REAL-TIME VIDEO OF DEAD PEOPLE YOU WANT TO HAVE COFFEE
WITH: A NOVELLA
(SERIALIZED AND BROKEN UP INTO SECTIONS FOR YOUR
READING PLEASURE, AS DENOTED BELOW)
THIS IS PART THREE.
PART ONE APPEARED IN DIAGRAM
4.6; PART TWO APPEARED IN DIAGRAM
The Dead: 
is going as well as can be expected.
There is not as much to talk about, with
only the single novel.
Still, there have been almost two hundred
people with us the whole time.
As I had hoped, people seem in awe of the
ironic bee sting.
There is less focus on the book, though
several people claim to have read it. The excerpts we have included are
short passages, loaded with imagery, impossible to make sense of as a
story. Anyone who summarizes the plot of the novel is intentionally vague.
In terms of race, we are getting a lot
of help from strangers. There are a few students and one professor heavily
involved in African American Studies who — while they aren't familiar
with Newcome — have been great at providing context, and making
sense of seemingly contradictory or incongruous biographical elements.
It is about seven in the morning, while
the chat room is discussing contemporary implications of race, when I
realize that I am less interested in celebrity than I thought. What I
am getting from this house has nothing to do with the fake book, the fake
notoriety, the fake accomplishments.
It occurs to me that, since our dead have
never been alive, they are under no obligations to have done anything
deserving of fame. History's exacting and discriminating standards for
celebrity — the piles and piles of dead white men — can be
If you are still watching, we can show
I realize I am less interested in changing
history than I am in creating a normal life, the small, human details,
getting you to imagine the way that Tony Newcome spent his evenings in
this place, sober for several years. He often ate radishes with salt and
butter. He always wanted a tattoo but could never decide what it should
At about noon of the second day, Livesmart4ever complains
that he has been unable to find any of Sarah Pratt-Tipkins's books.
Wellbutrin and I turn to each other.
Eventually, Clvlnd_Grl45 suggests a couple
of places he should be able to find all of them.
Though Tito has started using the word hoax, and insulting
people in the chat room, Wellbutrin and I are not trying to trick anyone.
We are more than willing for you to find
out the truth.
But we want it to be afterwards, after
our day-and-a-half wake, so you can mourn the loss. During the actual
broadcast, doubt is not an option. After the Newcome broadcast, a few
weeks ago, Wellbutrin and I developed a form letter explaining our good
intentions, asking for discretion and consideration.
Broadcasting from the house of Tiny Prescott,
the poet who died of lung cancer a few years ago, the letter works about
half of the time. When it doesn't, Tito has to resort to kicking people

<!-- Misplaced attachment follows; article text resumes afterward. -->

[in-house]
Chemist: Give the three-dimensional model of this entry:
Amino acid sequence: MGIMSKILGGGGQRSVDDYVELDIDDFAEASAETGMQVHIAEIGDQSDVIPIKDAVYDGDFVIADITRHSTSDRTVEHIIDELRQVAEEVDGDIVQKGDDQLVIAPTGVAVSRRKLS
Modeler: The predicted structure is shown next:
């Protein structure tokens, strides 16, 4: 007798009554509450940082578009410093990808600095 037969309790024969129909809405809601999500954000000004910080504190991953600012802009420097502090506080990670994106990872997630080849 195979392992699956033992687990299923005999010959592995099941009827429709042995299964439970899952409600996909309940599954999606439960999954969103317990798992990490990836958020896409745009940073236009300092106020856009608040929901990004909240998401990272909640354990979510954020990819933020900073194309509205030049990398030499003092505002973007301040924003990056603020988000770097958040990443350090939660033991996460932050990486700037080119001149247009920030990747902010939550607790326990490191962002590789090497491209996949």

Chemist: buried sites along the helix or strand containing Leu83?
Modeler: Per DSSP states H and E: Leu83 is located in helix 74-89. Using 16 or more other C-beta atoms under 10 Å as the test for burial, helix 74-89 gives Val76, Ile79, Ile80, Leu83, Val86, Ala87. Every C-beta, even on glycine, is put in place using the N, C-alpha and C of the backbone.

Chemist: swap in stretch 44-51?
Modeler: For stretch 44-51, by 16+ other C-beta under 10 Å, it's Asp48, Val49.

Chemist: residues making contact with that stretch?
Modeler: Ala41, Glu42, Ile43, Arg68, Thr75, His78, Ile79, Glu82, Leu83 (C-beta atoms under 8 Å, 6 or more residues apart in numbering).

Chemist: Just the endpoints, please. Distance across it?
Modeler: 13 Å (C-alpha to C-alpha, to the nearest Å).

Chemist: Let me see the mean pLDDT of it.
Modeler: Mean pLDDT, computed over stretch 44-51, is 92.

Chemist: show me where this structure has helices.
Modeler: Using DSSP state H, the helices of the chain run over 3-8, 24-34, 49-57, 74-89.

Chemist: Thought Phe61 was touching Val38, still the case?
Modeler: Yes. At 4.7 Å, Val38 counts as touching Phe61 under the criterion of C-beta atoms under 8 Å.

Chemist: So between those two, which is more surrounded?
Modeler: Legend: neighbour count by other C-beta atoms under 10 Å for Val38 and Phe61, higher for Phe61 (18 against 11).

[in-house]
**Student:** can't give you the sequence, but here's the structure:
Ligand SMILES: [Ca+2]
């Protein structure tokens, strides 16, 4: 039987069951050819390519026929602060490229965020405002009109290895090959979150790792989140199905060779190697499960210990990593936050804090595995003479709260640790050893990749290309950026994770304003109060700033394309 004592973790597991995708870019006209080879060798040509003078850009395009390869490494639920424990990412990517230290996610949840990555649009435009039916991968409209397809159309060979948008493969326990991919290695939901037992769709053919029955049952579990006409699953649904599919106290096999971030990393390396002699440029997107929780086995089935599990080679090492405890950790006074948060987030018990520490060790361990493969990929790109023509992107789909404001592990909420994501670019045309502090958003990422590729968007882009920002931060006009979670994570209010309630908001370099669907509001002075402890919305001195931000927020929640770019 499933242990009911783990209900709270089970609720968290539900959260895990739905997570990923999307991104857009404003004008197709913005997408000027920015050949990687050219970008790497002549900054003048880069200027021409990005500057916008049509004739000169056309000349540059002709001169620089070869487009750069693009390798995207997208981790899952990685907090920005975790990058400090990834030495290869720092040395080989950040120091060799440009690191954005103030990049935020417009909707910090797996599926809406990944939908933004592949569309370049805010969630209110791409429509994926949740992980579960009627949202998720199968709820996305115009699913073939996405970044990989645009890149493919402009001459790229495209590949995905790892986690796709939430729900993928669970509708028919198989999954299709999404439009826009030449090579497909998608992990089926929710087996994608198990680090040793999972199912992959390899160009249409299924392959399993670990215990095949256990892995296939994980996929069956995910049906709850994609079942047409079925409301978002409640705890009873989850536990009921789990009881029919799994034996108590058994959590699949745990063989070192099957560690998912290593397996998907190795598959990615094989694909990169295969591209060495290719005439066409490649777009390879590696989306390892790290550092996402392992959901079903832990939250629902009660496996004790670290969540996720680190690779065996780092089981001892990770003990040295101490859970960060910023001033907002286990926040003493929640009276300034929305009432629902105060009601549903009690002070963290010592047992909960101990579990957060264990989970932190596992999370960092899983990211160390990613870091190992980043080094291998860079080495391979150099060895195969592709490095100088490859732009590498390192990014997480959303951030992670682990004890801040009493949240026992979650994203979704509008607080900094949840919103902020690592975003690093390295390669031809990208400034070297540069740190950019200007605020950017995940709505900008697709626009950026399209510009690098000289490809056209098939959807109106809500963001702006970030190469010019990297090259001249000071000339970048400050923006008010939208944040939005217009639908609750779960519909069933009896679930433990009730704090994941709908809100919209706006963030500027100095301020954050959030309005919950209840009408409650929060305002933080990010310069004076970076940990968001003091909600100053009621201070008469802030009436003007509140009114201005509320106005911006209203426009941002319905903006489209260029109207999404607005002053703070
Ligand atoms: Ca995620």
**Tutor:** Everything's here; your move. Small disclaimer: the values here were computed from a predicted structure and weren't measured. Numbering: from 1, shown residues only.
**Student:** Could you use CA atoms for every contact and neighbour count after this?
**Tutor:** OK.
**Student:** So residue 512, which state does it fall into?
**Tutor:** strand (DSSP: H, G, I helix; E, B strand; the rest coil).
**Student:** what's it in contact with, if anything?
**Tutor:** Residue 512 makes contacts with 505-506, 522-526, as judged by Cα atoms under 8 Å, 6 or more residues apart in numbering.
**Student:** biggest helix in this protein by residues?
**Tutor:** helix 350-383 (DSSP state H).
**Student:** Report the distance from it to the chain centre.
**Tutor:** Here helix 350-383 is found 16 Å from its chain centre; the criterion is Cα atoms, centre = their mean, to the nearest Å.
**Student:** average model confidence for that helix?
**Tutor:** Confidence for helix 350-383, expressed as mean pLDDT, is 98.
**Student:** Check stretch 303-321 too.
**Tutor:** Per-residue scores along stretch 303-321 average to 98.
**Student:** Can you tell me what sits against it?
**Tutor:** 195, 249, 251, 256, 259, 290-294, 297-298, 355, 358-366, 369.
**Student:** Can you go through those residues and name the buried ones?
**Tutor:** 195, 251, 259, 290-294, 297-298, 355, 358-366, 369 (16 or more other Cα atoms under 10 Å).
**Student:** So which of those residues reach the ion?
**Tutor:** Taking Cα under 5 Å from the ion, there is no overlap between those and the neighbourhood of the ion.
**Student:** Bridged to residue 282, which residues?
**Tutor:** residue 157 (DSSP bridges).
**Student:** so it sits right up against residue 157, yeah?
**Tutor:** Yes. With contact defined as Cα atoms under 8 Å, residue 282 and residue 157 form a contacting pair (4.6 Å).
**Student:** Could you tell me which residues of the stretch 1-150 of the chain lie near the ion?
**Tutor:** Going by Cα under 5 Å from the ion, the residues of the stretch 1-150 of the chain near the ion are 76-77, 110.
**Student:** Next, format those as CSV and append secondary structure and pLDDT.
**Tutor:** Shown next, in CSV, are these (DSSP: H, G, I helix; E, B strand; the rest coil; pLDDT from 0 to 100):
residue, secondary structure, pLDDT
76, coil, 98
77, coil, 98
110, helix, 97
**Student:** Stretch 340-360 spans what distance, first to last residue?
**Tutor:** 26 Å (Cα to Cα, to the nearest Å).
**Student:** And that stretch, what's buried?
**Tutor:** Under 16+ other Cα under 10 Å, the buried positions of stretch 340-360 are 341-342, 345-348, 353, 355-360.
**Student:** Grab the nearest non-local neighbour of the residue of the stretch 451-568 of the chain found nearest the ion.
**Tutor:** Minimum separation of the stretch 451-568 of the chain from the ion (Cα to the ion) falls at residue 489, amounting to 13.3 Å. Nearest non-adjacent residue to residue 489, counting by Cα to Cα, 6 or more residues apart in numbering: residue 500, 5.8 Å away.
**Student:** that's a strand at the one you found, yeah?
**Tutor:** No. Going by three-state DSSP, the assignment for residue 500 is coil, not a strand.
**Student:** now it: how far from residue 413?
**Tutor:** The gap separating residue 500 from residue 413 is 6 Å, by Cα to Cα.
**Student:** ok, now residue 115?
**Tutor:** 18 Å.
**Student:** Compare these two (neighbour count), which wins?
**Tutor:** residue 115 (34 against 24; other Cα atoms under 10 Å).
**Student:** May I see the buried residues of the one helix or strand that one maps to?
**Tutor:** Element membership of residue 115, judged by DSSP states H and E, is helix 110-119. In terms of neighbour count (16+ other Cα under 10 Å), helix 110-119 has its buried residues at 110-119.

Despite our efforts, we are back down to
a hundred people.
I am still no more trusting of real history
than I am of ours, but it is true that — unlike whoever has constructed
more accepted versions of the past — we simply don't have the resources
to plant an entire fossil record.
Even with the interlude at the Newcome
house, he has continued to change. What started as efficiency has turned
into a radical leanness. He is impatient and pragmatic; he remembers everything.
At least five times a day, he has good reason to be mad at both Wellbutrin
He has started smoking, and spends most
of his time outside, where Wellbutrin and I are hesitant to follow. Even
now, as we are broadcasting the tidy split-level, his gaze is out the
window, to the streets of Iowa City, where the people are.
We are still at the Prescott house when I suggest
we should start doing ordinary people. Though I have more complicated
reasons, my argument to them is relatively simple: all of the fact checking
distracts our audience from what is important.
"I don't care how many people watch,"
"A revolution needs an audience,"
"I don't care about size," I
say, "as long as the audience is attentive, willing to get to know
whoever we send them." Wellbutrin nods as I speak, and I can tell
I have already won. It is not much of an argument, none of the theoretical
positionings of our past.
An hour later, Tito starts teaching Wellbutrin
and me how to use the box.
"I'm gonna go," he says. "This
isn't what I'm here for. I can get more justice for the dollar somewhere
"Like a soup kitchen?" I ask.
He ignores my tone.
"This isn't what any of us signed
on for. We're just writers now."
He is leaving us the van and the equipment.
He will not go until he is sure we understand
When he is finally ready, his good-bye
is warmer than anything he has said in some time. I hold him for a while,
before leaving him and Wellbutrin to figure out exactly what they are
"He got his cab," Wellbutrin
says, some time later.
Though there is probably more to say, we begin inventing Tammy Joergenson,
a special ed. teacher from Apple Valley, Minnesota who died in a car accident
on a Thursday, last February. Wellbutrin suggests that her surviving husband
might be willing to join us online, to answer any questions, doing his
part to help the memory of his wife live on.
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